Yet Israeli military officials insist their operations in Rafah remain measured and precise. The offensive has thus far focused on Hamas targets in eastern Rafah, where the IDF says it destroyed rocket launch sites, unearthed tunnel shafts, and killed dozens of terrorists in its advance. “Our operations against Hamas in Rafah remain limited in scope,” IDF spokesman Rear Adm. Daniel Hagari said Sunday, urging Gazan civilians to heed evacuation orders. “Our war is against Hamas, not against the people of Gaza.”

Updated casualty counts lend new credence to the claim. Earlier this month, the U.N. Office for the Coordination of Humanitarian Affairs (OCHA) amended its death toll for the ongoing conflict, cutting the estimated number of women and children it previously said were killed by nearly 50 percent.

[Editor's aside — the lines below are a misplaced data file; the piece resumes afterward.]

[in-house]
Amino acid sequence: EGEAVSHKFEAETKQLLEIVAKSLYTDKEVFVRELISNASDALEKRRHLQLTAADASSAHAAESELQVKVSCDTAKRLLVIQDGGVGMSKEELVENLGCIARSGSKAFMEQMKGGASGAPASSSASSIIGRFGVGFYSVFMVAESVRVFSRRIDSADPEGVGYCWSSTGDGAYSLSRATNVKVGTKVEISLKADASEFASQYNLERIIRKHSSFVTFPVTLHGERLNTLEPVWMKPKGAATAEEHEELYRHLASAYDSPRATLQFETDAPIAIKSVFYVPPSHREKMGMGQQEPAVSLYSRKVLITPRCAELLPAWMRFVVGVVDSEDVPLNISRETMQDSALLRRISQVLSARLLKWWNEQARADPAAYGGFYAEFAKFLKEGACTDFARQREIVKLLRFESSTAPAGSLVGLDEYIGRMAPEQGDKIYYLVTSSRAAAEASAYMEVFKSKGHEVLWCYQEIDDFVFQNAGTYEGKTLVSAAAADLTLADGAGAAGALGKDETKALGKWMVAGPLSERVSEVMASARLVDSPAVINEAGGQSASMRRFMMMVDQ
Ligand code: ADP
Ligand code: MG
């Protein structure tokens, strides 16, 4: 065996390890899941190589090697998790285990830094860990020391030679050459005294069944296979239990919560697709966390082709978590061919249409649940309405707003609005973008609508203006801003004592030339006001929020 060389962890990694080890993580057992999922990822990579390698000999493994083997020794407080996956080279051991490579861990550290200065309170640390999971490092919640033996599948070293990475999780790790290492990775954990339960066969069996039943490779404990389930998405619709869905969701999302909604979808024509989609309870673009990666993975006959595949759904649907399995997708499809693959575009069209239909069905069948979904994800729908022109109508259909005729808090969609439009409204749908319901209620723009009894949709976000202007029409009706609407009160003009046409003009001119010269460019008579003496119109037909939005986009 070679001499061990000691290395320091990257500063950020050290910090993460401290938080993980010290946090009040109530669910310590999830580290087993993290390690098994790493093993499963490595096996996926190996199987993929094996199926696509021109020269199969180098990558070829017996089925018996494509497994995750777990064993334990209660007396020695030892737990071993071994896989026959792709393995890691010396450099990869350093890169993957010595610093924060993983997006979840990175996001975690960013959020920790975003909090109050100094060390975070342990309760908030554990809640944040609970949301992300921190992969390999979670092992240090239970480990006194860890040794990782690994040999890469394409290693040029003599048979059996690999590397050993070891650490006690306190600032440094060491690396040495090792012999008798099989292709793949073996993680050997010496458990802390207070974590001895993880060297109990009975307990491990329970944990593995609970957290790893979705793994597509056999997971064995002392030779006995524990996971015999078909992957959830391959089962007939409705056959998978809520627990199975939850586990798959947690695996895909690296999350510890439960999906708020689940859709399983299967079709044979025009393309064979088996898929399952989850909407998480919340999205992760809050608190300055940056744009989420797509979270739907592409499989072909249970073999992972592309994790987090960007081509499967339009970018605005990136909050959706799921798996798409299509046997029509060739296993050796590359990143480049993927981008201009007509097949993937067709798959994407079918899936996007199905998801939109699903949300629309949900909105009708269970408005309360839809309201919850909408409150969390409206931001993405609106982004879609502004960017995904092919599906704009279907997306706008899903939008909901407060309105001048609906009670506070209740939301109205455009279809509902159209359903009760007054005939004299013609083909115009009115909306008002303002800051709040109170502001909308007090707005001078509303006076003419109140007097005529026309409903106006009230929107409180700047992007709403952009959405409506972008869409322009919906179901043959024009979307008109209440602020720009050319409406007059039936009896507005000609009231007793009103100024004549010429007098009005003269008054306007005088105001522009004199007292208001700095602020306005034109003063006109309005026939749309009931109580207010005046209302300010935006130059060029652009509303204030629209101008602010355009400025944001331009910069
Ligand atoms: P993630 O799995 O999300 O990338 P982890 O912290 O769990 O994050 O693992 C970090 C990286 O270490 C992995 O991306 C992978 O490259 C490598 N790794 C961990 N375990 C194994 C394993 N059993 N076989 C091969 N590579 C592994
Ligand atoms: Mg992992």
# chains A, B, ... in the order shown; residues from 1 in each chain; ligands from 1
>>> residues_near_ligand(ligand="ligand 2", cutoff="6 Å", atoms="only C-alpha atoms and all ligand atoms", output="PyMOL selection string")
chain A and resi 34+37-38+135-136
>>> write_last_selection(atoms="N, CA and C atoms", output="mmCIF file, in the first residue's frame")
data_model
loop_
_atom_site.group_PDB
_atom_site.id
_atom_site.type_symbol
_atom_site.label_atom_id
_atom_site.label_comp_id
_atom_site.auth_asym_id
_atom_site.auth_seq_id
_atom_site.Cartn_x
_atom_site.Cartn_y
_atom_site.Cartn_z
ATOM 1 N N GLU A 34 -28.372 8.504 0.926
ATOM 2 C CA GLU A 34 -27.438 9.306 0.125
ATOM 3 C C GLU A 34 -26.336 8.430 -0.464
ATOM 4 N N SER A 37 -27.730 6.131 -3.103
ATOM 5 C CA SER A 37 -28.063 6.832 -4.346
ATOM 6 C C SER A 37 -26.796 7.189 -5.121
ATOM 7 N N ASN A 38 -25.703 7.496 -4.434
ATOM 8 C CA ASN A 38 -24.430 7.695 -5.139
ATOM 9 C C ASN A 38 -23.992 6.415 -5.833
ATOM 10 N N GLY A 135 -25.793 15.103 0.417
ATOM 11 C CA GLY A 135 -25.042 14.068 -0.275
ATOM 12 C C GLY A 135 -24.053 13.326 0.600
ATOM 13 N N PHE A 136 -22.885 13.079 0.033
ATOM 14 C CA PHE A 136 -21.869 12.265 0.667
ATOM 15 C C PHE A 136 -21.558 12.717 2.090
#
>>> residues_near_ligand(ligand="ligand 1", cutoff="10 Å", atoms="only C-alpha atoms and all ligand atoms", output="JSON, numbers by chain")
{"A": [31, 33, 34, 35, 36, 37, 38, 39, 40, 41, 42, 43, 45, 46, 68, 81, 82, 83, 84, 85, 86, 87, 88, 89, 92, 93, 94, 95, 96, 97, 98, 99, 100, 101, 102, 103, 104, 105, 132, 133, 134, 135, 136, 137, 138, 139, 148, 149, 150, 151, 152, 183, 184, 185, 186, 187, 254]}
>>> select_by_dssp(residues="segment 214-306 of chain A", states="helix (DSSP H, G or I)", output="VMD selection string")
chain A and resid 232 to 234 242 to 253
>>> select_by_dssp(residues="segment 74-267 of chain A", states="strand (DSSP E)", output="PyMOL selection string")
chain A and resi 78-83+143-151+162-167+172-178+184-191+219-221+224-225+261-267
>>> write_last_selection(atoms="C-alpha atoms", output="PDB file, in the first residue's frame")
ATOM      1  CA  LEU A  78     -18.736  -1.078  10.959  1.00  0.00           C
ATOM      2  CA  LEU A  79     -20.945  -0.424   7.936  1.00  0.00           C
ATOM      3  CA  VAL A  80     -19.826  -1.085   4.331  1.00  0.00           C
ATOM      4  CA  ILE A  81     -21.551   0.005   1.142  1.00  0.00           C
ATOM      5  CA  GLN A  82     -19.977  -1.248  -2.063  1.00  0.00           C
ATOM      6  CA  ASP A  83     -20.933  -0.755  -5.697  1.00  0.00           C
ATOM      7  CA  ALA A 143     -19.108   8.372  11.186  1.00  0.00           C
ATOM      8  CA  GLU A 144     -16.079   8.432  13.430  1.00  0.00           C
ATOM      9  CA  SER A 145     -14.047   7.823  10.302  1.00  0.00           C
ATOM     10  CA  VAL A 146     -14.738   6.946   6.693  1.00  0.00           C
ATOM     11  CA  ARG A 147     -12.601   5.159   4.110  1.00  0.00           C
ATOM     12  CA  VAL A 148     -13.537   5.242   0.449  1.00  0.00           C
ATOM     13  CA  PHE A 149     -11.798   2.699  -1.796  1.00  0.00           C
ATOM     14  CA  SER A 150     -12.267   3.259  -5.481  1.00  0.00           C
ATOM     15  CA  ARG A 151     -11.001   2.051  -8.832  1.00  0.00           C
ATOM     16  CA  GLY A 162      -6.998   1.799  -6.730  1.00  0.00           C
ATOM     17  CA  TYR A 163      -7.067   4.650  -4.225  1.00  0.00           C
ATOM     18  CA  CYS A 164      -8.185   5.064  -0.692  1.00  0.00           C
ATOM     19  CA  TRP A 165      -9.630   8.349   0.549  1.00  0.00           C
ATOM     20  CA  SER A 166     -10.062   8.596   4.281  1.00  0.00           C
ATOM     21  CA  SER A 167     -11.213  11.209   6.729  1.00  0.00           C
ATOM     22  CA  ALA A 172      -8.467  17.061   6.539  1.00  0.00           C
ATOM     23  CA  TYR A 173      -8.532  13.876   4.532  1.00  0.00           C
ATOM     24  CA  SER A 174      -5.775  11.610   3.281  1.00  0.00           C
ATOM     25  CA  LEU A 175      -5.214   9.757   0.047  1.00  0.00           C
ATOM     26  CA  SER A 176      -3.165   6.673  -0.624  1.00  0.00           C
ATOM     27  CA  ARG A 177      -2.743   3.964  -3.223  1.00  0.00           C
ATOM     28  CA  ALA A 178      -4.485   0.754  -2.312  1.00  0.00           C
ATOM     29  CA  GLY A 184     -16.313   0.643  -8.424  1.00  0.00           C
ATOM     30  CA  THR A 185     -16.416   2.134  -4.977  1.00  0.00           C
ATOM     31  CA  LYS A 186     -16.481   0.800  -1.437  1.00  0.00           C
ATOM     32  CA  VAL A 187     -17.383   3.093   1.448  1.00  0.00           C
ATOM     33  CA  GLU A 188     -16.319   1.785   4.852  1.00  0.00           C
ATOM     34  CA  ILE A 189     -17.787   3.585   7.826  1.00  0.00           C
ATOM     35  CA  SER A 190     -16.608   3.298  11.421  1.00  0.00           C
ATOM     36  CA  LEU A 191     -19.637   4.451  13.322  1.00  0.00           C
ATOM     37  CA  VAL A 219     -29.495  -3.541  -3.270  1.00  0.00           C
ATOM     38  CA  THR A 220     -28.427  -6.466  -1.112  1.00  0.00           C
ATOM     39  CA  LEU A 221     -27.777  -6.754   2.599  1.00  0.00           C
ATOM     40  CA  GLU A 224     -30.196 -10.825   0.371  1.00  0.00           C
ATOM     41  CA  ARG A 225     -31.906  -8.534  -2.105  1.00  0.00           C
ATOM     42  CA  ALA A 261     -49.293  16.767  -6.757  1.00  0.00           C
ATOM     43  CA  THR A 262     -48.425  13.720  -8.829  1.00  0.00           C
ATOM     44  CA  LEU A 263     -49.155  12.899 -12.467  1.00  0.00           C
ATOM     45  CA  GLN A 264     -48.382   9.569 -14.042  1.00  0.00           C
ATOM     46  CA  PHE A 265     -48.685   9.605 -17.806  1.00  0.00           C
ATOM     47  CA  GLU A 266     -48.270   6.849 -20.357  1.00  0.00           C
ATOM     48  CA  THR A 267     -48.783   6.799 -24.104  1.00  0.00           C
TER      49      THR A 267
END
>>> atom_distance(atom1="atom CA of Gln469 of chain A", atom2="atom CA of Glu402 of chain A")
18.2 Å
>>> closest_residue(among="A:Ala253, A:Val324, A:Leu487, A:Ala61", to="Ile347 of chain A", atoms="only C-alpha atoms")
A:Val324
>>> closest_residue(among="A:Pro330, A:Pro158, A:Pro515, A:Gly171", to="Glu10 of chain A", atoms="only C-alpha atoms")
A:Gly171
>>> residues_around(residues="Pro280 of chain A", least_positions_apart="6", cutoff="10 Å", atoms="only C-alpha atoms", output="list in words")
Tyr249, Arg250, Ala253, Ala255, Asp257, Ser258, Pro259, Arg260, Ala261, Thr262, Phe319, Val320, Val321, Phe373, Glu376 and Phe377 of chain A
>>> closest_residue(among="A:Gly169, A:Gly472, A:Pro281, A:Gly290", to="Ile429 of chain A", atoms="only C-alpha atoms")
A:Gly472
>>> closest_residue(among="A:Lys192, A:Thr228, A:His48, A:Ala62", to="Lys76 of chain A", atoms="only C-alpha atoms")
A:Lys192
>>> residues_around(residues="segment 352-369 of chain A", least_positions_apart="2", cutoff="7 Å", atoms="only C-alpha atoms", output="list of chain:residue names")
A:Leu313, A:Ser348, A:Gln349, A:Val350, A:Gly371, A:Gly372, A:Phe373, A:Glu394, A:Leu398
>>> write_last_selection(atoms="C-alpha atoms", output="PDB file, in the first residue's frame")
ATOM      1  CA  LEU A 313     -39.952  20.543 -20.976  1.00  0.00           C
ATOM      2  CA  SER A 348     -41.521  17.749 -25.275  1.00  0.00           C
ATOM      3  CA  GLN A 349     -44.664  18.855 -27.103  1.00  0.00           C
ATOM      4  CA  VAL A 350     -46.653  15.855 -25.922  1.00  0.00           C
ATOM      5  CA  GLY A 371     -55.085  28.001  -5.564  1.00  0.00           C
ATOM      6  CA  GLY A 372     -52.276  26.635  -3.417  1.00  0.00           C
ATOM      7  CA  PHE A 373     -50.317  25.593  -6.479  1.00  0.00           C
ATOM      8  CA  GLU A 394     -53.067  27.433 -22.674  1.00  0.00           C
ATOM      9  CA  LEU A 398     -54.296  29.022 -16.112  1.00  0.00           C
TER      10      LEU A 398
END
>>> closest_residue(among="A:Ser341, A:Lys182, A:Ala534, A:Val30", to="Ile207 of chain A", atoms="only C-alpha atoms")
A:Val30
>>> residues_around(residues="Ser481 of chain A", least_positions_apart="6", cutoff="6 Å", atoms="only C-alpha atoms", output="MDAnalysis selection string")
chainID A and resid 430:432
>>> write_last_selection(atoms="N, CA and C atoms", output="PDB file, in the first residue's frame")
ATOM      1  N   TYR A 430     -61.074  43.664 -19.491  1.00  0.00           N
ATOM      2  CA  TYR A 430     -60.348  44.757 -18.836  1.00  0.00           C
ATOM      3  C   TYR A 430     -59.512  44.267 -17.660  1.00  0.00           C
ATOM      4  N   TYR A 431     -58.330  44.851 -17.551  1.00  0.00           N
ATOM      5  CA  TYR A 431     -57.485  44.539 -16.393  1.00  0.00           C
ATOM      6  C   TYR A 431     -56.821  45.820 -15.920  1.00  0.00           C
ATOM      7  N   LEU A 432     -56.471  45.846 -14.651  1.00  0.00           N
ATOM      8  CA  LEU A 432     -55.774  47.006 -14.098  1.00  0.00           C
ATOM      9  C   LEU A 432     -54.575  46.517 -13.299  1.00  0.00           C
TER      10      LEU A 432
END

Prior to Israel’s push into Rafah, the U.S. had repeatedly warned against a military campaign in the crowded southern city without a credible plan for relocating and caring for civilians. In an interview with CNN that aired last Wednesday, President Joe Biden went so far as to warn that such a move could result in the suspension of some weapons shipments to Israel—remarks that provoked bipartisan backlash from American lawmakers. But the White House’s red line doesn’t appear to have been crossed in recent days of fighting. “I wouldn’t go so far as to say what we’ve seen here in the last 24 hours connotes or indicates a broad, large-scale invasion or major ground operation,” National Security Council spokesman John Kirby told reporters Friday.